Now, I’ll be the first to admit that Kafka is one of the more overrated writers around. He had basically one tale, the social outsider coming to terms with his alienation. But, he did craft three excellent takes on that with the named novella, The Castle, and his masterpiece, The Trial. But, he was capable of greatness; a thing Franzen simply is not. Now, if you know Kafka’s tale, it involves a character named Gregor Samsa who awakens to find he had transformed into a giant bug, of some sort. The whole tale follows his adjustment to non-human existence, as well as that of his family’s. He eventually dies, and we get the above end paragraph. Now, bear in mind that Appelbaum’s translation may be more trite than the original, and likely is. Nonetheless, the last paragraph has no nail-biting clichés- the worst offender is ‘warm sun,’ but there is a ‘cool sun,’ such as in apricity, so we are really getting a straight on description, such as when someone writes ‘he loved her deeply.’ This, also, is not so much cliché as a straight on telling. Had it more floral attachments, then cliché it would be.

  Let’s compare this to The Corrections, a novel that, if you are not now convinced of its banal sub-mediocrity, at best, there is no helping you. The ideation and execution of the two stories simply are not comparable. The only possible reason for the misguided Times reviewer to compare the two is that Alfred Lambert, like Gregor Samsa, dies, and Enid Lambert, like Gregor’s sister, moves on with her life. But Alfred is a cliché, unlike Gregor, and so is Enid (as well as being a despicable person), whereas Gregor’s sister is not (on both counts). So this is where the two tales share an ambivalence? In fact, neither tale ends ambivalently. Although Kafka’s is the far more superior, and makes you possibly wonder at what becomes of his survivors, there is no ambivalence. Even Franzen’s tale has no ambivalence, for Enid is glad to be rid of her husband, whom she viewed as an appendage weighing her down.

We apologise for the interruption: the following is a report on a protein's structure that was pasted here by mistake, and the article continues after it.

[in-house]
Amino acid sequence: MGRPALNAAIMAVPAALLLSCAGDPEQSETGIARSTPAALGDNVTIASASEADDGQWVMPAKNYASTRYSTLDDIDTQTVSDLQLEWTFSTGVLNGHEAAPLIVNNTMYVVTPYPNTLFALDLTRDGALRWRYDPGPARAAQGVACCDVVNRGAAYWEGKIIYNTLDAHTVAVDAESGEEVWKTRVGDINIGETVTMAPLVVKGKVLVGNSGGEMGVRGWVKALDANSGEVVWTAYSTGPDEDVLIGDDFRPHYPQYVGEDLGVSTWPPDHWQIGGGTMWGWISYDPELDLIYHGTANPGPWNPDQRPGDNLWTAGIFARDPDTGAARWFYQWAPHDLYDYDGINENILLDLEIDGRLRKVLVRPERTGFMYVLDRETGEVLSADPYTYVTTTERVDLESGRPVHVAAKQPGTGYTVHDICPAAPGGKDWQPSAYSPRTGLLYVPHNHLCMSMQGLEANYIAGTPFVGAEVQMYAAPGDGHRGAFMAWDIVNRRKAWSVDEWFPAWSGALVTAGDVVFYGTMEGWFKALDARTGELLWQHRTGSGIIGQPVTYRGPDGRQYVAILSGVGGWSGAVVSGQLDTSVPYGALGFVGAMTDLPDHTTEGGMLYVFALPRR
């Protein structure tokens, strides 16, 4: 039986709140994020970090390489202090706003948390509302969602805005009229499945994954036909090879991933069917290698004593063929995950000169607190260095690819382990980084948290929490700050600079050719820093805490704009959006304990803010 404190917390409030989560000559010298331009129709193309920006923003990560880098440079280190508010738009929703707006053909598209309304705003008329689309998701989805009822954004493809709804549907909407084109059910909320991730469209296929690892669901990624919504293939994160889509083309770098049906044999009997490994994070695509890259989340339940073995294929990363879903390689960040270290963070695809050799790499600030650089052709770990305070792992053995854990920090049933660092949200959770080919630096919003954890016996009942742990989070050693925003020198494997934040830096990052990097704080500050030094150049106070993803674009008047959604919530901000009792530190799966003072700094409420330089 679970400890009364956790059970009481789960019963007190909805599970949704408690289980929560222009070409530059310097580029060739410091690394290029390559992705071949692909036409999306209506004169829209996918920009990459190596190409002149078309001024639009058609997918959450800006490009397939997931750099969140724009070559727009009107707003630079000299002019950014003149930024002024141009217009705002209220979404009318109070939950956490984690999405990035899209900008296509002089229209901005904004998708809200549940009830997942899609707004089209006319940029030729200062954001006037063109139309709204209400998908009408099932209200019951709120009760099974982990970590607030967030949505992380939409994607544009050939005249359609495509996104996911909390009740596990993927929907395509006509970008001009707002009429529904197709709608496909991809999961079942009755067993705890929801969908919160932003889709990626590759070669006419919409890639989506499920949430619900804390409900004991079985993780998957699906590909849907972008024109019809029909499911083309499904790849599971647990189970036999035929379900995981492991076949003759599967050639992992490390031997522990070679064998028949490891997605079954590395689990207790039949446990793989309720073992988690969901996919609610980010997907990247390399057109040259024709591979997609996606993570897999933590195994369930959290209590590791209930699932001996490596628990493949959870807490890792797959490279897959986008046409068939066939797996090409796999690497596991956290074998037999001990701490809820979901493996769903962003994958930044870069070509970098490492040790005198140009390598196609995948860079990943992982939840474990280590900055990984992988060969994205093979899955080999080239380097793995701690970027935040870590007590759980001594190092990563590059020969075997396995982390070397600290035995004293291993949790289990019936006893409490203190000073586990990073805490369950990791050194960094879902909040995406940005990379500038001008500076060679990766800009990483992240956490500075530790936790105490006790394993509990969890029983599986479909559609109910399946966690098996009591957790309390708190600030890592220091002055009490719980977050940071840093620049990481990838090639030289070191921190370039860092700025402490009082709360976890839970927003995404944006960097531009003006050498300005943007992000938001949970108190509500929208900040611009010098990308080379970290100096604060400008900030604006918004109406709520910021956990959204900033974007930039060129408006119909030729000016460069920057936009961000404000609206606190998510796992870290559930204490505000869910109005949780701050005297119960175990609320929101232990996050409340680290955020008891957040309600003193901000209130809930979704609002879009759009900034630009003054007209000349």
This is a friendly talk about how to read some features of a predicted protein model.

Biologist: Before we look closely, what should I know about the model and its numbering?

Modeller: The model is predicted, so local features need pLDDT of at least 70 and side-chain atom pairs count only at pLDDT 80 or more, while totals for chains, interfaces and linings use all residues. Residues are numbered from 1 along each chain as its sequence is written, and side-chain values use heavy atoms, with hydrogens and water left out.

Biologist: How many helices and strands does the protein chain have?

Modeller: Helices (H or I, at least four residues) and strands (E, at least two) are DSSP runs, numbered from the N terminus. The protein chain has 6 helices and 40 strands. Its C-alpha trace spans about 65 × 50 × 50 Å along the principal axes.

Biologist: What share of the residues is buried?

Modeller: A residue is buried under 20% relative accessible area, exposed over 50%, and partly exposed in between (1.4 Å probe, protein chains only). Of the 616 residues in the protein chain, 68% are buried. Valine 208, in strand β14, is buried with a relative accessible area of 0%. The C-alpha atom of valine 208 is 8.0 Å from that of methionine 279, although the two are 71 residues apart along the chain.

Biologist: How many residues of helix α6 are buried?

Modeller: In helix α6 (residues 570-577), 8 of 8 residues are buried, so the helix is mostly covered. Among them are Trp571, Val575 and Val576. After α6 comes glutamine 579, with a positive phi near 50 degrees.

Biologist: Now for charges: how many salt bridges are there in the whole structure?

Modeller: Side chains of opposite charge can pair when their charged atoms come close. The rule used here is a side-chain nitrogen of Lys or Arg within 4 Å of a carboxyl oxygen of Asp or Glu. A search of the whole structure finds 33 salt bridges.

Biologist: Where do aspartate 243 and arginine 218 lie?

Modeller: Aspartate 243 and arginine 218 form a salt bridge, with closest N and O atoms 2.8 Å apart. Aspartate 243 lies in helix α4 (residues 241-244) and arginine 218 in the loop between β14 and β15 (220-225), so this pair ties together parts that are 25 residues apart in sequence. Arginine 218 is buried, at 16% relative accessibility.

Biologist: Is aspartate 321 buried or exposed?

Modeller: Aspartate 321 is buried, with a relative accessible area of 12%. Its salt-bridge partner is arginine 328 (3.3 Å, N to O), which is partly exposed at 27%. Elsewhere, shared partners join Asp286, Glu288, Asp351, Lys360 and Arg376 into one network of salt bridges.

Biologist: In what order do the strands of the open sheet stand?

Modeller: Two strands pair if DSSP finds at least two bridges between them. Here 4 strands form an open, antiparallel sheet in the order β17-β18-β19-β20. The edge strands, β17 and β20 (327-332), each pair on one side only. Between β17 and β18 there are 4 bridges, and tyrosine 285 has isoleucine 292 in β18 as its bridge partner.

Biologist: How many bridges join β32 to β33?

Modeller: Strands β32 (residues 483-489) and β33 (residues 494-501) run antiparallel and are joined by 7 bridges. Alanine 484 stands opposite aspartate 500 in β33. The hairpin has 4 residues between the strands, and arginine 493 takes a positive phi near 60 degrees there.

A much better comparison for The Corrections, both in terms of its ending, and in terms of the overall tone and theme of the book, would be to compare it to a far greater novel dealing with the same themes: a loveless marriage whos eparticipants go through the motions as their children decay anomically. And, guess what? Such a book exists; it’s called Mrs. Bridge, and was written by Evan S. Connell, in 1959. Here is how this concise, poetic, vignette-filled novel ends (Chapter 117, page 245):